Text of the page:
I grew up with a pantry bursting at the seams with food. If you opened the door too quickly, beware of suicidal boxes of crackers and cans of beans that might take the plunge from their overstuffed home.
As much as I joke about my parents’ pantry, I know their overcompensation with food has much to do with them both being children of Holocaust survivors. They were raised with the first-hand knowledge that one day there could be no more food — or no more stores that would sell them food.
I have very vivid memories of visiting my step-grandmother in her little apartment in Queens. Her pantry, too, was overstuffed with everything from paper towels to coffee beans, long before Costco made that normal. Even though she didn’t actually drink coffee, she made sure to have it on hand, because the day could always come when there would be no more coffee.
My own pantry is definitely a result of growing up in my parents’ house:
I’m always looking for discounted items to add to my hoard, but every couple of months I drive out to suburbia to load up at my all-time favorite: Ocean State Job Lot. For those not in the know, Ocean State Job Lot is basically a close-out store for common brand-name goods. Or, as my husband theorizes, stuff that “fell off the back of a truck.”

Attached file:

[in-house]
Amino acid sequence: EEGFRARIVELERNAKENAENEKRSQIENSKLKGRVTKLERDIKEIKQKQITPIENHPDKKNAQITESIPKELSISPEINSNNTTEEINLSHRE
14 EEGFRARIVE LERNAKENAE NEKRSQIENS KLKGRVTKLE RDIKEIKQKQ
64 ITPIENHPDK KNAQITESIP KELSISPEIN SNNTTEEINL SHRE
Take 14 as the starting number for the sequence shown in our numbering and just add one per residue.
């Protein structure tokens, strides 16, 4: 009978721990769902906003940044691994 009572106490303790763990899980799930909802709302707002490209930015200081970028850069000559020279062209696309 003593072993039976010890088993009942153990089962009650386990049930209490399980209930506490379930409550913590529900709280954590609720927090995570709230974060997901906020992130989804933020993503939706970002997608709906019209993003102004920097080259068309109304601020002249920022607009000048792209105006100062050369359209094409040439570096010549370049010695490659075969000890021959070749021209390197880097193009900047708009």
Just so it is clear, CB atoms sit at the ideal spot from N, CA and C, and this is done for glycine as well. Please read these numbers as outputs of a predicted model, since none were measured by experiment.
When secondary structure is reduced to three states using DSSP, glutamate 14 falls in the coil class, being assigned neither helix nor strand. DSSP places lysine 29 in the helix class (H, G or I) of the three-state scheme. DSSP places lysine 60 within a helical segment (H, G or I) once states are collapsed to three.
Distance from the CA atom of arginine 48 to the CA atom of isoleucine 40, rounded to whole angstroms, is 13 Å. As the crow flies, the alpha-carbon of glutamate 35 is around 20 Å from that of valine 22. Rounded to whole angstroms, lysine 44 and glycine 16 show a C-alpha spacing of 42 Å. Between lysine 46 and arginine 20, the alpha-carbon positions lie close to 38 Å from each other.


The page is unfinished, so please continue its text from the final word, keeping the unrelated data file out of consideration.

My friend Mike teases me and says I pretty much get like this when I get started on Ocean State. For years I thought that Ocean State Job Lot was my own jealously guarded secret. In fact, I actually kind of freaked when The Boston Globe wrote about it a few years back. “Nooooo,” slow-motion-me cried, “now everyone knows!” I was right to freak out, because the next time I went to OSJL the pasta shelves were barren.
It’s been a while now, so I think it’s ok for me to talk about it without worrying there’s going to be another run on $1.50 packets of gnocchi. Or $2.50 San Marzano canned tomatoes. Or a bag of dried cherries for $2.79. Or a box of Arborio rice for $3.00. Or a can of artichoke bottoms for $2.00. Or a pound of pecans for $3.00. You get the picture: This place is amazing.
(Also, the one I go to in Danvers is in the same lot as Savers, the best used clothing store I’ve ever been to and where I get the bulk of my clothes. And sandwiched in between these two amazing stores is a mega-sized used book store. Mark-Down Mecca.)
Putting my pantry neurosis aside, having a stockpile of staples is the key to frugal cooking. As I’ve written about in previous posts and will continue to do, a good pantry allows you to work wonders with even a single fresh veggie. Stay tuned for my next post, which does exactly that, as well using one of my favorite kitchen time savers: the pressure cooker.